By: Tony Manfetano
Towards the end of an album, probably right after a song about having a cold one while driving down a back road with someone you just picked up from a bar, that is where you will find most artists redemption song. One cannot say their words lack heart or are without meaning, but some singers just have not experienced enough to honestly need it.
Lee Ann Womack comes out of the gate letting us know her latest album, The Way I’m Livin’, means something. And she is going to make sure you get it. The pure emotion in these songs emanates from someone who truly believes what she is singing. Or is that good to make us think she does. I presume it’s the former.
Lee Ann drops it on us with the very first track, Prelude:Fly. Featuring only her vocals over acoustic guitar. This spiritual ditty shows us with brevity and simplicity what we are in for. To talk about how great her voice is at this point would be trite. Any aspiring female artist who does not have Lee Ann Womack on her list of influences may want to consider a new career path.
The title track picks up the pace a little with a classic country music tale of, “you know I’d change if I could, but bein’ bad, it feels so good”, to borrow a line from the song. Written by Adam Wright, this song pairs a soulful groove with Lee Ann’s outstanding ability.
Without denying the religious tones of the album, I would be remiss to imply that the lack of rock guitars and electronic drums takes the rebel out of this record. Lee Ann’s rendition of the Julie Miller tune, Don’t Listen To The Wind, gives us an ominous minor key string intro leading up to deep drums and rhythm. The hard four count and steel guitar makes this song sound like something you would be likely to hear in an old Nashville honky-tonk.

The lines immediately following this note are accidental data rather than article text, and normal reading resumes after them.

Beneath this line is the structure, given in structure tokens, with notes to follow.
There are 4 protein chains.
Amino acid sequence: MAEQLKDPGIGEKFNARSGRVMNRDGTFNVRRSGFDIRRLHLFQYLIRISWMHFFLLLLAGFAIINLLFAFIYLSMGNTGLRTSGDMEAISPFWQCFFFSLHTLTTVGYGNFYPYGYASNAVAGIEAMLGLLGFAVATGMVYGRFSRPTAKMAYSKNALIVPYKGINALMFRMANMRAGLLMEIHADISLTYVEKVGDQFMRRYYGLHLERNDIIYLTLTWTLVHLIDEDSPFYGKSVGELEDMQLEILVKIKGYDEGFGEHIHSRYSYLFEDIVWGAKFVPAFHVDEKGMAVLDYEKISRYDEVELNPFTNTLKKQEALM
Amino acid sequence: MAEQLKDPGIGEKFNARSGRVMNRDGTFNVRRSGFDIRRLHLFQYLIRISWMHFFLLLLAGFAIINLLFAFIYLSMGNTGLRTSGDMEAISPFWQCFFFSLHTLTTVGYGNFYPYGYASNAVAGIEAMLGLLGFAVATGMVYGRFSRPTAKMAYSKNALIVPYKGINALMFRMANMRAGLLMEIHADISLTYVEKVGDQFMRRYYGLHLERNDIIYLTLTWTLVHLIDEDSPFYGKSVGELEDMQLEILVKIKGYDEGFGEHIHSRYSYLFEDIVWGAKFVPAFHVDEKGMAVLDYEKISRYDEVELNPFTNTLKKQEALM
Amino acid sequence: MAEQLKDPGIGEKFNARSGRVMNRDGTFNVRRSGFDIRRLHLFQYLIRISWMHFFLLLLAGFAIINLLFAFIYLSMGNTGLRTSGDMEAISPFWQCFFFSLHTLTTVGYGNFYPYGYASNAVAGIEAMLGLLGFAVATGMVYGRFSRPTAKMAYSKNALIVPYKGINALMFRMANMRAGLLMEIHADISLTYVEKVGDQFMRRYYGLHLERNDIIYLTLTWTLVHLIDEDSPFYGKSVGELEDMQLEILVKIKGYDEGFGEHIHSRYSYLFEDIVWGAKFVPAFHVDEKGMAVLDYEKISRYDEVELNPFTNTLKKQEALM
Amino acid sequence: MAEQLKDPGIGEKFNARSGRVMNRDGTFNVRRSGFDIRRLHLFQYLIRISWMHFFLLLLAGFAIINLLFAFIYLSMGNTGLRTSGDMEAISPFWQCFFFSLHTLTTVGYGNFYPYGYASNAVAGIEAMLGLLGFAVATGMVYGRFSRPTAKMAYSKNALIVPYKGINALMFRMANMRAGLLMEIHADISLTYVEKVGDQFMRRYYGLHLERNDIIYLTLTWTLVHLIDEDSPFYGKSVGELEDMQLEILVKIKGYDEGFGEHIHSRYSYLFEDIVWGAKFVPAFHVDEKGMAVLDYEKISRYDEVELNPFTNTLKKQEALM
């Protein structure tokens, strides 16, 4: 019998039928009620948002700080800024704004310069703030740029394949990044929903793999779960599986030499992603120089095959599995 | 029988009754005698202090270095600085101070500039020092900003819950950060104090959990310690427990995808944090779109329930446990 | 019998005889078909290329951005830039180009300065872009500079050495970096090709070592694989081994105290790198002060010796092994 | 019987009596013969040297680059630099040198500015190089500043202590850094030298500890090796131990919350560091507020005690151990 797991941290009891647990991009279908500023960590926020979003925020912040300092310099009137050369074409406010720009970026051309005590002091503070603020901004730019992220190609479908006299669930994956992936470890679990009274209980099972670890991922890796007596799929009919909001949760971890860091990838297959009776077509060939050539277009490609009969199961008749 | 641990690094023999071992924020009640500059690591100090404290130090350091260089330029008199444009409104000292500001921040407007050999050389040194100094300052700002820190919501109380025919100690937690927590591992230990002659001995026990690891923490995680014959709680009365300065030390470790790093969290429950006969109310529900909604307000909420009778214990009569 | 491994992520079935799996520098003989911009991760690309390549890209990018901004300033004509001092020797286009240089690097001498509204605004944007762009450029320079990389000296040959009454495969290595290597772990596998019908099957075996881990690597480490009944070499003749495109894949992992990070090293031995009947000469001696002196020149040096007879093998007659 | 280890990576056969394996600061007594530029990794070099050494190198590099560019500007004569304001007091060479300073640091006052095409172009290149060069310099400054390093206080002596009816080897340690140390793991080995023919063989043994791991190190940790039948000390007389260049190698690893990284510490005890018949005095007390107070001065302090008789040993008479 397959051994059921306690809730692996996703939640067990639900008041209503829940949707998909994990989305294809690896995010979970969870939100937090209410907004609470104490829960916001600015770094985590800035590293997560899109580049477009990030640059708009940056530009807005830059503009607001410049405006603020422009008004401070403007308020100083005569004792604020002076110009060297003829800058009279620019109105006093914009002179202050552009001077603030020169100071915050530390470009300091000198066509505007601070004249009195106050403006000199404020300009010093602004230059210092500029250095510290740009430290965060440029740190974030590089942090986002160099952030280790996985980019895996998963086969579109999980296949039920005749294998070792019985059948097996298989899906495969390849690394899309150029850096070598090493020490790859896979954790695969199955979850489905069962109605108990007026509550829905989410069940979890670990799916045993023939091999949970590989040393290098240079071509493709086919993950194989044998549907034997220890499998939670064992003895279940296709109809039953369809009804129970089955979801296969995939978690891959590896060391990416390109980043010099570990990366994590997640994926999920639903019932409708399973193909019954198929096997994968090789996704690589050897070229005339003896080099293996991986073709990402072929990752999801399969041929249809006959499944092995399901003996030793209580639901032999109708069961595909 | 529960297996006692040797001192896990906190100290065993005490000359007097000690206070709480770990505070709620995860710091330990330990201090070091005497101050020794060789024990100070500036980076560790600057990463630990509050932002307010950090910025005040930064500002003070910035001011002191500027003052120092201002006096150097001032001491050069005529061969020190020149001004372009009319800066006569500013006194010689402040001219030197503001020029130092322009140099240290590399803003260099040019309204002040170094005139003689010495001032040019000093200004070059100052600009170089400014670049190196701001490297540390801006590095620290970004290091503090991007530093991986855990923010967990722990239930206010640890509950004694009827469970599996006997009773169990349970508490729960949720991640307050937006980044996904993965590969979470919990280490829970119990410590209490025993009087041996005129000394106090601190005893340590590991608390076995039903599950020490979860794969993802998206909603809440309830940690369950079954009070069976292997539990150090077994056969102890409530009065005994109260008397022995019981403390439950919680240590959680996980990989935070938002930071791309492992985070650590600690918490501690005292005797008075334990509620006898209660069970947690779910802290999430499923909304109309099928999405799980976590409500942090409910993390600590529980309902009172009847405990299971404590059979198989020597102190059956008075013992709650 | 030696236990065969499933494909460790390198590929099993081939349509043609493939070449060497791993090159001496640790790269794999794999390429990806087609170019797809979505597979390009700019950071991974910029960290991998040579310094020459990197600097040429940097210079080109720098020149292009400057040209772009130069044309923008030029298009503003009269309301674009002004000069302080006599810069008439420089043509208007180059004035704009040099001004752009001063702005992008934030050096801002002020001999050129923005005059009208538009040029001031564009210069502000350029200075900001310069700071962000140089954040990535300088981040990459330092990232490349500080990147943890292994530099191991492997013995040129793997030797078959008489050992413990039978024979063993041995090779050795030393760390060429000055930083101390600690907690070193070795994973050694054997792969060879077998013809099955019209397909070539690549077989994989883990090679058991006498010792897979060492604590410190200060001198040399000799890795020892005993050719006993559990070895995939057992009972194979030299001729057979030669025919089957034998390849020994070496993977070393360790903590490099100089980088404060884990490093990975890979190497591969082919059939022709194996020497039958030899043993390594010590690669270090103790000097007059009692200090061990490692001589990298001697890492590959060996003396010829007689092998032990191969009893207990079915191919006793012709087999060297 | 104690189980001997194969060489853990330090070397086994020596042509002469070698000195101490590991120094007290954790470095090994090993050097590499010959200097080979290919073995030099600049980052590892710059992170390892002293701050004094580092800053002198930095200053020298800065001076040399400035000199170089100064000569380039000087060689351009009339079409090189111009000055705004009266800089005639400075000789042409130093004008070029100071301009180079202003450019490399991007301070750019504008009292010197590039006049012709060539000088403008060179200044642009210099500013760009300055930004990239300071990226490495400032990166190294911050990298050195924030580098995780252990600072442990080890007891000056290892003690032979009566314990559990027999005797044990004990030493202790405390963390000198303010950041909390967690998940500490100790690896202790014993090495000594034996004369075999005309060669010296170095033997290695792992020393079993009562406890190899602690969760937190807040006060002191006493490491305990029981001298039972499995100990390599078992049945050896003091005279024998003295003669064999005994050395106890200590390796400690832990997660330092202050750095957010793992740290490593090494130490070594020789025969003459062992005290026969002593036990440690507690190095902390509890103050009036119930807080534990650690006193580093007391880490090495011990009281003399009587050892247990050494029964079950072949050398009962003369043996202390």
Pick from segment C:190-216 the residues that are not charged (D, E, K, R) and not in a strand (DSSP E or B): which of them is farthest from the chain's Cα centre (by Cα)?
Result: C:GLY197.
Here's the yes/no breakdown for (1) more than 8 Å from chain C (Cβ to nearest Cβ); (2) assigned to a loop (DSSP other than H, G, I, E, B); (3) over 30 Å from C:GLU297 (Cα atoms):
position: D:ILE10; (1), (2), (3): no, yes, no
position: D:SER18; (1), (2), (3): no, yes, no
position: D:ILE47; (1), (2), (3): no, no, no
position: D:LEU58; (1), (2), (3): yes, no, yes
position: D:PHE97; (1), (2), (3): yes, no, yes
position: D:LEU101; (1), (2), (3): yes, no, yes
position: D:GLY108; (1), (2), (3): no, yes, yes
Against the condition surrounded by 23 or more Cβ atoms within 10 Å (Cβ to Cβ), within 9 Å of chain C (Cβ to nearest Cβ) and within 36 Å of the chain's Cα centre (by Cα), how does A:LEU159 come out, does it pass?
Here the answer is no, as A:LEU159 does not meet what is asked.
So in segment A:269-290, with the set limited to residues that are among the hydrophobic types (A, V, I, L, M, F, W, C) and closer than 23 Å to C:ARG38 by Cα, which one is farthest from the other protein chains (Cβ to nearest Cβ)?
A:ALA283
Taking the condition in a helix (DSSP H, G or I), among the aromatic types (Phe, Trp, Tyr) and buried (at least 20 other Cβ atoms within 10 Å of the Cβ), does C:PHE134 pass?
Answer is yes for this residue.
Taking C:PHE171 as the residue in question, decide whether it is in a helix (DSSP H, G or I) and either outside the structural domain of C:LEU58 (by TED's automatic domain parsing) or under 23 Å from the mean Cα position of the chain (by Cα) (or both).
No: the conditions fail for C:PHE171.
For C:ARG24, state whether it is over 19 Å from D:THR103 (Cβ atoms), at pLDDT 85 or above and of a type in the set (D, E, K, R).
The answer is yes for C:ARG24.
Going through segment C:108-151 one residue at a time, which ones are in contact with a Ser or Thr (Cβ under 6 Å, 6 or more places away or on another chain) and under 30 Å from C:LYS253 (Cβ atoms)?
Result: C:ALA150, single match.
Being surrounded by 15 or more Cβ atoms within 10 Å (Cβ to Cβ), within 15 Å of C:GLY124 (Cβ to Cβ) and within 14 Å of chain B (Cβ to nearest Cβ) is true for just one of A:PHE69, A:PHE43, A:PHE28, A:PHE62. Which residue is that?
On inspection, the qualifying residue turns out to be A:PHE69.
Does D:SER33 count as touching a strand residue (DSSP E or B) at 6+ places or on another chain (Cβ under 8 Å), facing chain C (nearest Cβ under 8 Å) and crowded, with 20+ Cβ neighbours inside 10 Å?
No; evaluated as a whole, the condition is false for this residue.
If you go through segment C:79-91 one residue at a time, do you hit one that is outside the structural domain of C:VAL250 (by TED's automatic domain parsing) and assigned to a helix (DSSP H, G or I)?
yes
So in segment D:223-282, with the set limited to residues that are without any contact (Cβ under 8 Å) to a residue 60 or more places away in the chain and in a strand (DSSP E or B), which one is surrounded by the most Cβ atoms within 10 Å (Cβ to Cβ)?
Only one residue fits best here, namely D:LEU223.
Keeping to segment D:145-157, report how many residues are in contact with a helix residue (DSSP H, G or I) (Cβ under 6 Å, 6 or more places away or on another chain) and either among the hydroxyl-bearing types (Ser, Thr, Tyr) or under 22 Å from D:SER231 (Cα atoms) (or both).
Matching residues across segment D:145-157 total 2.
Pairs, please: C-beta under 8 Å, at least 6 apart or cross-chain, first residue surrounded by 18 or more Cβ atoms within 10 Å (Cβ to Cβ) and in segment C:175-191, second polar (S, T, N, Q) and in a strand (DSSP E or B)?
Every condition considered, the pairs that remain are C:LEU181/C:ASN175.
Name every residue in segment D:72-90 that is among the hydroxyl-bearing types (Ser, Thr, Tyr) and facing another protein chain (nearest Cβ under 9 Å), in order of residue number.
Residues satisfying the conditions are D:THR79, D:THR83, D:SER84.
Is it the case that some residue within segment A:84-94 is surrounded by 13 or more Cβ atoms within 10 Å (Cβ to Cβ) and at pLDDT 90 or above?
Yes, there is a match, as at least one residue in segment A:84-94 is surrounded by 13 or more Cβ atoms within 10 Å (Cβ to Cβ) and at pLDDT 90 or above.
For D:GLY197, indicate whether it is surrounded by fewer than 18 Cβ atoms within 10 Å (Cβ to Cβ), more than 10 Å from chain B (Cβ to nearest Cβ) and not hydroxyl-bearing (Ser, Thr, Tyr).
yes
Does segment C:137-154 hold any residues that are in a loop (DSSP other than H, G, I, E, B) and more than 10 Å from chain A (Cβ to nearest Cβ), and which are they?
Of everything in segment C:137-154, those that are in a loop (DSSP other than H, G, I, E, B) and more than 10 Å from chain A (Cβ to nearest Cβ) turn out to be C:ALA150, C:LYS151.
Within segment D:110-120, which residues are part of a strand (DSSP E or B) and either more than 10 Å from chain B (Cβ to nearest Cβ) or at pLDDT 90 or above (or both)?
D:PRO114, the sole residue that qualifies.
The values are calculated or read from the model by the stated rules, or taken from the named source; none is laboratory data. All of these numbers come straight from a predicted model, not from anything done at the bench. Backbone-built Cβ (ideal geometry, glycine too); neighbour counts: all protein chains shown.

On Same kind of Different the artist lends her talents to the lyrical prowess of writers Natalie Hemby and Adam Hood. This song offers a cool spin on the “opposites attract” trope, and with no appearance from MC Skat Kat. What about a song to swing my sweet baby to on the dance floor, you ask? Tomorrow Night In Baltimore answers your beckoning with electric guitar and upbeat timing no women could resist being drunkenly twirled to under neon chandeliers in backwoods ballrooms.
Track listing on this album makes all the difference. We get to go on a moving forty-six minute journey with Lee Ann Womack. The Way I’m Livin’ is Lee Ann’s debut from new label Sugar Hill Records. Indeed, we know what late career label changes could mean for an artist, but Womack has solidified her place among music row royalty taking one more win in the fight to save traditional country.
Find all of Lee Ann Womack’s tour dates at LeeAnnWomack.com. If you are a fan of true country I would not miss this album. If not, check it out anyway. You might learn something.